26. 4 out of 5

    Lynda

    I read Sheelah Kolhatkar's August 27, 2018 article in The New Yorker titled "Paul Singer, Doomsday Investor" and I was hooked by not only the story, but also her story-telling ability. Thus I came across her book 'Black Edge' which is a well-written and well-told story about the shadier side of the hedge fund industry, specifically about an obscure hedge fund company called SAC Capital that in its heyday few people outside powerful circles in Wall Street had heard of. Even more interesting is th I read Sheelah Kolhatkar's August 27, 2018 article in The New Yorker titled "Paul Singer, Doomsday Investor" and I was hooked by not only the story, but also her story-telling ability. Thus I came across her book 'Black Edge' which is a well-written and well-told story about the shadier side of the hedge fund industry, specifically about an obscure hedge fund company called SAC Capital that in its heyday few people outside powerful circles in Wall Street had heard of. Even more interesting is the story about its founder, Steven A. Cohen, who is just a cunning character to say the least. The Racketeer Influenced and Corrupt Organization Act (RICO) was originally enacted to target the Mafia 'by holding the leaders of a criminal syndicate responsible for the actions of its lower-level employees'. Yeah, as we see the story evolve, there is the low-level trader, who takes the fall for his company's (SAC) actions (specifically for making a windfall of almost a quarter of a billion dollars in profits by shorting a drug company's stock). Black edge, Wall Street jargon for material, non-public, inside information, is crucial for traders on Wall Street to survive; it is, as Sheelah puts it "...like doping in elite-level cycling or steroids in professional baseball. Once the top cyclists and home-run hitters started doing it, you either went along with them or you lost." We are also introduced to the complex and sometimes tense dynamics amongst the three main parties involved in the multi-year investigation of SAC Capital and other related cases: the NY regional office of the SEC, the NY field office of the FBI, and the U.S. Attorney's Office for the Southern District of New York. What does not happen in the end should give us pause for thought because the big, powerful money in this country is slowly shaping the system to their advantage and the system is turning into one that will only enable the big and powerful money elements in society.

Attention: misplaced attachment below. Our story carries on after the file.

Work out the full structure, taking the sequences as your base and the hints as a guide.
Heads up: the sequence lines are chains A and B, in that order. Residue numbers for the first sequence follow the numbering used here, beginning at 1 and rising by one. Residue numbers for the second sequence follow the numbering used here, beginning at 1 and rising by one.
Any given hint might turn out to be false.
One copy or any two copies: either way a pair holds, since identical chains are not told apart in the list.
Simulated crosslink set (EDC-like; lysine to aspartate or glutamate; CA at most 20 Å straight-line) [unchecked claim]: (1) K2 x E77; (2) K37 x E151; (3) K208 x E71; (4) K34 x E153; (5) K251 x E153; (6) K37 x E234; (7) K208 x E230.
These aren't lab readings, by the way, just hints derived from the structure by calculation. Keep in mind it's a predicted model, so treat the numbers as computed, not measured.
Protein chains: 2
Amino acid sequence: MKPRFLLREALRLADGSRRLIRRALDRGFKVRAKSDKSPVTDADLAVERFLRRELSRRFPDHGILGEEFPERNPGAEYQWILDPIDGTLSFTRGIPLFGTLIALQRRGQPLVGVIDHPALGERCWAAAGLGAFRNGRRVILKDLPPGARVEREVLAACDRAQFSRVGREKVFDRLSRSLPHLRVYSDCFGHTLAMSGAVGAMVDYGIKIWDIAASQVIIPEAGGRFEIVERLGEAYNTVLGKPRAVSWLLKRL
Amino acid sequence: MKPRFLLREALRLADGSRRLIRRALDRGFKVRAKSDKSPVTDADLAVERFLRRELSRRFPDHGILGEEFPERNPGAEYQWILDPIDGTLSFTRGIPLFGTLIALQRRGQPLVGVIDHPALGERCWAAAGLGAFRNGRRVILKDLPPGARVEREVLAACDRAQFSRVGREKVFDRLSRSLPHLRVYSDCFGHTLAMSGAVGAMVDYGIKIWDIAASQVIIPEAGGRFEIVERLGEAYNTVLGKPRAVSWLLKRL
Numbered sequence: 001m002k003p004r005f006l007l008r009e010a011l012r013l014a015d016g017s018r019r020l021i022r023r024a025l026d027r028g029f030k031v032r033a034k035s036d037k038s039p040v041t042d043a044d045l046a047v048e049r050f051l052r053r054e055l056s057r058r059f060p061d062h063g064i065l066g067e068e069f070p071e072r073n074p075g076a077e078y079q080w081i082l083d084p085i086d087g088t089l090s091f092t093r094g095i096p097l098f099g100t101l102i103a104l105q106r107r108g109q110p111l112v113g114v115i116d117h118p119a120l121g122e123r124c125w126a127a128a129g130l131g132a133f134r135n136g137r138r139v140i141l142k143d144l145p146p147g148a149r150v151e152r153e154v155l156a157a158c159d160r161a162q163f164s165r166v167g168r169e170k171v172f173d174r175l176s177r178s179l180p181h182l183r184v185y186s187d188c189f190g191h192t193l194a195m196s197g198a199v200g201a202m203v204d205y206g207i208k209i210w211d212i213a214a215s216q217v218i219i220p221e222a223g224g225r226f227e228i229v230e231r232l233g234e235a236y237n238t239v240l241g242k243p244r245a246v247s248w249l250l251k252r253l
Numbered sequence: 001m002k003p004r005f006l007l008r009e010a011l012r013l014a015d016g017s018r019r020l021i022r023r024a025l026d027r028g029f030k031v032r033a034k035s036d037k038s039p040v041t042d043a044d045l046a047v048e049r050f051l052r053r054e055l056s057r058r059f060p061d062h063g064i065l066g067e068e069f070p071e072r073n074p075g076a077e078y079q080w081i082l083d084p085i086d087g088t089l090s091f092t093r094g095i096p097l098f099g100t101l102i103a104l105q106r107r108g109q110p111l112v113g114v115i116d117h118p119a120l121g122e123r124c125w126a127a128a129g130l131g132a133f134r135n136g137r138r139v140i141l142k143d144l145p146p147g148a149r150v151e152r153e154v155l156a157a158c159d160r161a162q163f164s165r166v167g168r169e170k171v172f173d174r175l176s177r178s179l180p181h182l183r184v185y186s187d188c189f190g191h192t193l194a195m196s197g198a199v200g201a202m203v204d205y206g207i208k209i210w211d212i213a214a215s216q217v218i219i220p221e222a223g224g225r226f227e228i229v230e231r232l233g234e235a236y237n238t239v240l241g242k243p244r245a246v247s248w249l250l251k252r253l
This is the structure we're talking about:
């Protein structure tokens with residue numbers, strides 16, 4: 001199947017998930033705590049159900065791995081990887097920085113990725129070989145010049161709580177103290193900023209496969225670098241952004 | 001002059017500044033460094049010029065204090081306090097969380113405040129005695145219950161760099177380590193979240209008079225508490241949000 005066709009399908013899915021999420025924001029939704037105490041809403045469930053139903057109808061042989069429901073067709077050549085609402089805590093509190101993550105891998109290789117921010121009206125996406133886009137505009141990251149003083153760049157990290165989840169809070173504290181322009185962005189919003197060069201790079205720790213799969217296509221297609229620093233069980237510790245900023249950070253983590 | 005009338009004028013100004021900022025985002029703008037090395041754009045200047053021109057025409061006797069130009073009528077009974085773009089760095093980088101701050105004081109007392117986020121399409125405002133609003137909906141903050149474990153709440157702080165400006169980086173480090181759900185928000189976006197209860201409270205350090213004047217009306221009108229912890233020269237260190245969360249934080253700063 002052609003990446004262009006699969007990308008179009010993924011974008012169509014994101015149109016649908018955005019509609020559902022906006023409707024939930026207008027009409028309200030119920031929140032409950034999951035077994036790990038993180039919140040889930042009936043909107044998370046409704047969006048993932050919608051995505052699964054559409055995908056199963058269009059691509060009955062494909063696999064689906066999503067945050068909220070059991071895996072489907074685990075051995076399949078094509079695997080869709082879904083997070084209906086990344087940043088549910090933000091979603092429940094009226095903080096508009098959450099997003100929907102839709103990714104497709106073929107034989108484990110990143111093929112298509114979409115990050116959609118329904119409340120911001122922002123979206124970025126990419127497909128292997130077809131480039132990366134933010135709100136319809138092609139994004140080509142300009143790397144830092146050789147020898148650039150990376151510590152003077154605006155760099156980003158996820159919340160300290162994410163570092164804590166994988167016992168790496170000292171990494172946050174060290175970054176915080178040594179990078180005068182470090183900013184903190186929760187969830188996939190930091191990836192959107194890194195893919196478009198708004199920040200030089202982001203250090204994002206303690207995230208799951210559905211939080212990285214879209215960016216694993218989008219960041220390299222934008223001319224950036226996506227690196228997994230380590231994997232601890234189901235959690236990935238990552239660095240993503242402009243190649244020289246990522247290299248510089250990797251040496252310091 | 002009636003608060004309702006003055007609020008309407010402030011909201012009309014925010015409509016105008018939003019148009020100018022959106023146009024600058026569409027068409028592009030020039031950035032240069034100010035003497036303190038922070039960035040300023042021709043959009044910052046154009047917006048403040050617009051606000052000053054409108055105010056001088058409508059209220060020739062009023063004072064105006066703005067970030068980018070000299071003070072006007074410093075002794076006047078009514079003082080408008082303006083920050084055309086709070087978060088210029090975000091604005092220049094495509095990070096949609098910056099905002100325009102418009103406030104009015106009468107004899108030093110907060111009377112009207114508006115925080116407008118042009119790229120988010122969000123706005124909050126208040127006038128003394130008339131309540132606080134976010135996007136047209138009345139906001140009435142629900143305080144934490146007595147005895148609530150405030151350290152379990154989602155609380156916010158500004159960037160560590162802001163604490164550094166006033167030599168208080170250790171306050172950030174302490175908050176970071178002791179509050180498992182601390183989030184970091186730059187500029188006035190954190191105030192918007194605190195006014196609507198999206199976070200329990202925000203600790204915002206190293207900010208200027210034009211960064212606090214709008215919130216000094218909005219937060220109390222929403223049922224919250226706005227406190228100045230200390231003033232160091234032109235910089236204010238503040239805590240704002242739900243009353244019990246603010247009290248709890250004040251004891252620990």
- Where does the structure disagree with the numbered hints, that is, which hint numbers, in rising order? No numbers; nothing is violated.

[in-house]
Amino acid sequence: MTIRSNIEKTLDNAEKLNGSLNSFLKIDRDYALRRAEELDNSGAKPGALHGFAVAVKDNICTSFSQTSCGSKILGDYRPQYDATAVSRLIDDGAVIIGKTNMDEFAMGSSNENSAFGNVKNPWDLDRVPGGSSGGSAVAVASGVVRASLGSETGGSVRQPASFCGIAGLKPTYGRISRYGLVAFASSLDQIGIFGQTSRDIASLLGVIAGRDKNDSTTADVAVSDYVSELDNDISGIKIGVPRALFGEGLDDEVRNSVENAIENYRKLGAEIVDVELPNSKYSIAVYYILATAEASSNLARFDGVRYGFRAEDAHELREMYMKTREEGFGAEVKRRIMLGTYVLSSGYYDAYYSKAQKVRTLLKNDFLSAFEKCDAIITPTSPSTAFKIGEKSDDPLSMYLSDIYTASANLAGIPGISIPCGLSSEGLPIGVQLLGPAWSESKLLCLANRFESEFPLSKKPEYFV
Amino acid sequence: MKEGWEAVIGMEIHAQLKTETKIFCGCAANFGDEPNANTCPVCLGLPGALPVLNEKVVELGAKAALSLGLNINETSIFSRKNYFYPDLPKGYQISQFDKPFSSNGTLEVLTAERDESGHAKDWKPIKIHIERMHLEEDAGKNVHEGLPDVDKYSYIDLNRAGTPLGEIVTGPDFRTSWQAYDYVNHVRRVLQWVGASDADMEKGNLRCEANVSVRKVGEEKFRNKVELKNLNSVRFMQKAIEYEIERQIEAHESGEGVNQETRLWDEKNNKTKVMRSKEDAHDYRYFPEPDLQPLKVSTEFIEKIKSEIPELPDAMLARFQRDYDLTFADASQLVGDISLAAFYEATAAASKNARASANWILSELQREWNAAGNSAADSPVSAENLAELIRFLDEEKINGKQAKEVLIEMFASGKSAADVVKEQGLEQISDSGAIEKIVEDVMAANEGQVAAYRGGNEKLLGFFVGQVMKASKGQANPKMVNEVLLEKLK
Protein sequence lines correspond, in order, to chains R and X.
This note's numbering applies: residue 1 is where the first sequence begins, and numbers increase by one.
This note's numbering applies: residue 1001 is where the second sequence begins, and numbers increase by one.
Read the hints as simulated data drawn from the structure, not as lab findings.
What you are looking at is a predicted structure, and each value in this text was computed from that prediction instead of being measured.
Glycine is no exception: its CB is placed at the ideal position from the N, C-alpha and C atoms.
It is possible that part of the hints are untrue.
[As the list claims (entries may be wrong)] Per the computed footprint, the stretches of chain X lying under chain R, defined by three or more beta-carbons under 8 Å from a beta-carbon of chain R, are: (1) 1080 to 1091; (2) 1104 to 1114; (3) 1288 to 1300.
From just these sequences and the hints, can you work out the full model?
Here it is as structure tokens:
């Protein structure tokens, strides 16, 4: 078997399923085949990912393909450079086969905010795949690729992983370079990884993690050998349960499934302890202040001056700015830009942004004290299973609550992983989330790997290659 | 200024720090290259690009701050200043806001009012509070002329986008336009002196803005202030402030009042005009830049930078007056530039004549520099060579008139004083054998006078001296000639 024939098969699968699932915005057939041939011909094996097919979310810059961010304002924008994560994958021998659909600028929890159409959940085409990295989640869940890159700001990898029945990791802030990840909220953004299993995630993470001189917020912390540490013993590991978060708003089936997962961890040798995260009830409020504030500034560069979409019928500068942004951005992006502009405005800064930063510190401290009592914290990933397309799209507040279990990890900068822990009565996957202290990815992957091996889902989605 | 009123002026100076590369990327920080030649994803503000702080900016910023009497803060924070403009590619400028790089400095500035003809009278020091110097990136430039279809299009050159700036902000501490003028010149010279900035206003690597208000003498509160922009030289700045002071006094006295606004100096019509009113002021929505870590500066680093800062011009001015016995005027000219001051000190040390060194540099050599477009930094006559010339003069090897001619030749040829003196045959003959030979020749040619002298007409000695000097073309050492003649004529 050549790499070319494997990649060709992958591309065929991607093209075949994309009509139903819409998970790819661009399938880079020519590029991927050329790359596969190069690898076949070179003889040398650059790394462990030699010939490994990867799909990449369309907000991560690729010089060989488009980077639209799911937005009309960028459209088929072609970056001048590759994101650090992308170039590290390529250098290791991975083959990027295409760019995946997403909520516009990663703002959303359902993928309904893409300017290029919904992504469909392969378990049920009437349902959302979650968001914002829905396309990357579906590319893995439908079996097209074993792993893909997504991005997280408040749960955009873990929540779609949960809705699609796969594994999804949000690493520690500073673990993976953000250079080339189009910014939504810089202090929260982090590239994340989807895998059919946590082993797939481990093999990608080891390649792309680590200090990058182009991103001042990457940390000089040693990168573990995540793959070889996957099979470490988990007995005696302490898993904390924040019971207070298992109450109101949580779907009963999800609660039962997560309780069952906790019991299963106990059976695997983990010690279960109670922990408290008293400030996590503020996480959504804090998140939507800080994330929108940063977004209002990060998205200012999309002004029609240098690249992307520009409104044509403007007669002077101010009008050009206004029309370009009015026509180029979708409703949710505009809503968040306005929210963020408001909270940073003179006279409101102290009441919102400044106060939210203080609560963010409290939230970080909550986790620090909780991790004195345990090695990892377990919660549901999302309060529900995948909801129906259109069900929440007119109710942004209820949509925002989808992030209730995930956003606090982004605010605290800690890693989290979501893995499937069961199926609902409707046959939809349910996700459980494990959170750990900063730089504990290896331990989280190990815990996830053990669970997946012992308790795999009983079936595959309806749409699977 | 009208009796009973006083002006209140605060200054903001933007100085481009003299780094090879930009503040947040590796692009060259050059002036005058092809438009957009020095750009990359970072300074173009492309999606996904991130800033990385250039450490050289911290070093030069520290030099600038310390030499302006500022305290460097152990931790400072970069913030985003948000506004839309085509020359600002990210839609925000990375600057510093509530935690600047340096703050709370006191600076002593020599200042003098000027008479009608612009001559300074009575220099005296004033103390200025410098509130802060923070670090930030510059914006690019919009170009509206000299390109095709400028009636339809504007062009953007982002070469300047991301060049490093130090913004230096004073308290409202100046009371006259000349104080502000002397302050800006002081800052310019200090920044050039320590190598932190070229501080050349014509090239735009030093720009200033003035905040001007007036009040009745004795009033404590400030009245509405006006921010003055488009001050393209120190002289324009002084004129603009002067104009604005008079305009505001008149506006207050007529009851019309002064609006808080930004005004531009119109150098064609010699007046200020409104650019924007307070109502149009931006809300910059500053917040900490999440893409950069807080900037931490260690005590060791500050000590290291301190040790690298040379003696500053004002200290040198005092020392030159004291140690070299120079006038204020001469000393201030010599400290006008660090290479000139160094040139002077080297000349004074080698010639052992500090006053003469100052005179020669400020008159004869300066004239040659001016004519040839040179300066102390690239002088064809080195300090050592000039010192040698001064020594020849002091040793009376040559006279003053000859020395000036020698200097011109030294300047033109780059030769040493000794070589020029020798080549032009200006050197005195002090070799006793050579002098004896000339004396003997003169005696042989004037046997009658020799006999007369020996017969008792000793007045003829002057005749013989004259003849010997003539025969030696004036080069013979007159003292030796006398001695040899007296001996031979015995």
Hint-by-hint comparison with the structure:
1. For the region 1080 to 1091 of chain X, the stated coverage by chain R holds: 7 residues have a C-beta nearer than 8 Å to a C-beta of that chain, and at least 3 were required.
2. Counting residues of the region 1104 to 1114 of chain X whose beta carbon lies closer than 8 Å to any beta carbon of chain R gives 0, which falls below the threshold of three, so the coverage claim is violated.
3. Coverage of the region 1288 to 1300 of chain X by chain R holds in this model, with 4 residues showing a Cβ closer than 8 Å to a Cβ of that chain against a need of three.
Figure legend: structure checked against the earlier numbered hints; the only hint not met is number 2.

27. 4 out of 5

    Mehrsa

    I followed all the pieces of this story when it was in the news but it was nice to have it all in one place. This is a nice intro into hedge funds, insider trading, and financial crimes. It's a fun fast read.

  28. 5 out of 5

    Amanda

    This book is probably better than 3 stars, but the whole Wall Street/finance industry is one I’m completely naive about .. so overall a little dry for me. I did learn about hedge funds though!

  29. 4 out of 5

    Eric Franklin

    A gripping account of one of the most successful hedge funds of all time. If you've enjoyed Michael Lewis books about the financial industry, this one will be right up your alley. Unfortunately, the real-world story arc does not get its desired Hollywood finish, although it's all super interesting and cautionary. Watch out for the sharks my friends, especially the multi-million dollar, modern art collecting ones.

  30. 4 out of 5

    Jaak Ennuste

    Now I know why I did not make money with AMD stock. Despite of it's superior performance, compared to their arc rival Intel. Why then? Somebody had an edge. Some had a Black Edge. Somebody, who has billions to trade and always wins. Long journalistic story, not so much a novel.